Network segmentation vs. Microsegmentation
To reiterate our point from earlier, network segmentation is better than no segmentation, but it is far from good enough when it comes to protecting an organization’s network from attacks and lateral movement. While it can help organizations shrink their attack surface, protect their critical data, and improve their network’s performance, the old hardware-based perimeter model of network segmentation has many flaws. This is because even within segmented networks there are many opportunities for attackers to do damage (and eventually reach everything in the network).
For example, if an organization segmented their network by functional department, and an attacker managed to breach their finance department, that attack would still be catastrophic to the organization. The attack would also likely reach at least one machine it could use to traverse to other network regions, and then repeat the process to reach most –if not all – the network eventually. This is because network segmentation, while a great direction for organizations to go, doesn’t go far enough to really stop attackers.
So, what do organizations need to do to stop these attacks? The answer is microsegmentation.
Microsegmentation—the process of isolating all clients, workloads, applications, virtual machines, and operating systems into individual protective barriers that cannot be penetrated by attackers—is a much more granular and robust way to protect an organization. And it actually works when it comes to stopping attacks. Microsegmenting a network makes it virtually impossible for attackers to move laterally within the network and cause damage. The attack surface is reduced to virtually nothing.
The Zero Networks solution
Zero Networks provides an automated microsegmentation solution that adapts to your environment, keeping only the necessary connections between machines open. By leveraging adaptive MFA (Multi Factor Authentication), normal usage for non-admin users is uninterrupted (attackers do not use that to spread), while the rest (admin users) require MFA for temporary access.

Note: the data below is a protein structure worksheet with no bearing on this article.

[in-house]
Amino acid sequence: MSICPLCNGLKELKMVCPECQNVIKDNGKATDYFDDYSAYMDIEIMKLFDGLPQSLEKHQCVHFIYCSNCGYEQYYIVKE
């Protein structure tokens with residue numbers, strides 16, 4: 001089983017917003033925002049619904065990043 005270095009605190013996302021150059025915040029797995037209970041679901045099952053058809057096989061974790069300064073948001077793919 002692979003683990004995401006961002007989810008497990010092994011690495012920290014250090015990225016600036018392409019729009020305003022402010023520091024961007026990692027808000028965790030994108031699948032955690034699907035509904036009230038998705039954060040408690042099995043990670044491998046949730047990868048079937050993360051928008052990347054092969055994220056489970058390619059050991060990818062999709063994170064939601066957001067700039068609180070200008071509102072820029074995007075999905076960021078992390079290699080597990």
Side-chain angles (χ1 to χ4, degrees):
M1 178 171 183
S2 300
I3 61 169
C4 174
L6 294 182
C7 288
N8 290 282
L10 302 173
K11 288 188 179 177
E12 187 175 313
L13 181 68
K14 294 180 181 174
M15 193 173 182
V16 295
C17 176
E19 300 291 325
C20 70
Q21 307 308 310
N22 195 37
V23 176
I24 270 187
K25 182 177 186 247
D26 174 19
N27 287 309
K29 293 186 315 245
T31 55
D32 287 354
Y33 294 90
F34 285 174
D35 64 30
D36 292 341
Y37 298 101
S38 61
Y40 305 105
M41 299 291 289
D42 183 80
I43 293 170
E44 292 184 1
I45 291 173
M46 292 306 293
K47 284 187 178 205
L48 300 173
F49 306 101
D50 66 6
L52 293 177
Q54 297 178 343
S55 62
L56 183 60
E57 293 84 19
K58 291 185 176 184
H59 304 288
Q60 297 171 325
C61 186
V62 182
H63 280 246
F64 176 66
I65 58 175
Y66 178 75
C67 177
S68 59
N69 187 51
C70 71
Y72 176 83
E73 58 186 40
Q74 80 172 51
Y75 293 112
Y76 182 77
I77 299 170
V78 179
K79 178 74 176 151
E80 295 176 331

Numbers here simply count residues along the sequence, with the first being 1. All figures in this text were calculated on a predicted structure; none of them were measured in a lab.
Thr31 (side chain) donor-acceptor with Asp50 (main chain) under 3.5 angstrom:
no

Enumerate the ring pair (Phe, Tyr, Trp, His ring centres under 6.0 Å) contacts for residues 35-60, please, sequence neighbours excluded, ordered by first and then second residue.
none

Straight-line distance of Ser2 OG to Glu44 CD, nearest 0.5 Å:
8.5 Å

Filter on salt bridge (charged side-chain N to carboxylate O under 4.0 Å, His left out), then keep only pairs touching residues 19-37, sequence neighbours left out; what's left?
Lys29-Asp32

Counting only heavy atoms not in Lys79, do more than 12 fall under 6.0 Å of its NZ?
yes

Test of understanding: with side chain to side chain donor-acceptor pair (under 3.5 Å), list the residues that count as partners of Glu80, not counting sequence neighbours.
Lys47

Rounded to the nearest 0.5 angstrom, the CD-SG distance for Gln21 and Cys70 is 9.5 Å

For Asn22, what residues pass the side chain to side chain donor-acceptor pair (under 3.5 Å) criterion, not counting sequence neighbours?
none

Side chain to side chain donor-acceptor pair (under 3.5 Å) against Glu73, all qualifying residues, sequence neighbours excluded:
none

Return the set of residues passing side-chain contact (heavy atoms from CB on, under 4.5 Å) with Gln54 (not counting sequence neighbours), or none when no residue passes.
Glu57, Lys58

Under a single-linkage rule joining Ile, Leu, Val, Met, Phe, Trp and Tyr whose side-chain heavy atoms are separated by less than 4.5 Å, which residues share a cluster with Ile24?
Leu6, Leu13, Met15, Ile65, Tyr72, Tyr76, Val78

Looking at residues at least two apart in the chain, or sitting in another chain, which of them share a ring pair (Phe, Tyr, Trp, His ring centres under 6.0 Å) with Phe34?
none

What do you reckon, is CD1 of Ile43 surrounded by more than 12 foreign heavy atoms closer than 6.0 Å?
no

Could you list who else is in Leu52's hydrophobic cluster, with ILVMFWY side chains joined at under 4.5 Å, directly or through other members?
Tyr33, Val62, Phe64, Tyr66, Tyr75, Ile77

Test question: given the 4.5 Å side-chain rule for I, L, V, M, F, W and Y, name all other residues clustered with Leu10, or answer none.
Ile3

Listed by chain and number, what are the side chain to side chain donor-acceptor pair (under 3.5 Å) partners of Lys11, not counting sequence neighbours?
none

Zero Networks virtually eliminates your network’s attack surface with no manual segmentation or rule manipulation, and no agents.
The benefits of automated microsegmentation:
- Isolate everything (down to the individual machine) with a single click and no friction
- Prevent 99.9% of attacks. Stop lateral movement without interrupting normal network traffic
- Scalable for any size organization, without the need for agents or manual operation
- Streamline security operations; reduce the cost of NACs, internal firewalls, IPS and manual ACL-based microsegmentation
- Stay compliant with cyber insurance policies
About Zero Networks
Microsegmentation means that every module in the environment should only be able to access the information and resources necessary for legitimate purposes.
Great idea – in theory – that few organizations practice. Sadly, past efforts at microsegmentation required cumbersome agents, hair pinning, or expensive professional services.
Zero Networks, instead, found a new paradigm that proves that microsegmentation can be fast, easy, effective, and deployable by anyone to get military grade security.
Reduce the risk of breaches to almost zero with Zero Networks’ MFA-based microsegmentation solution.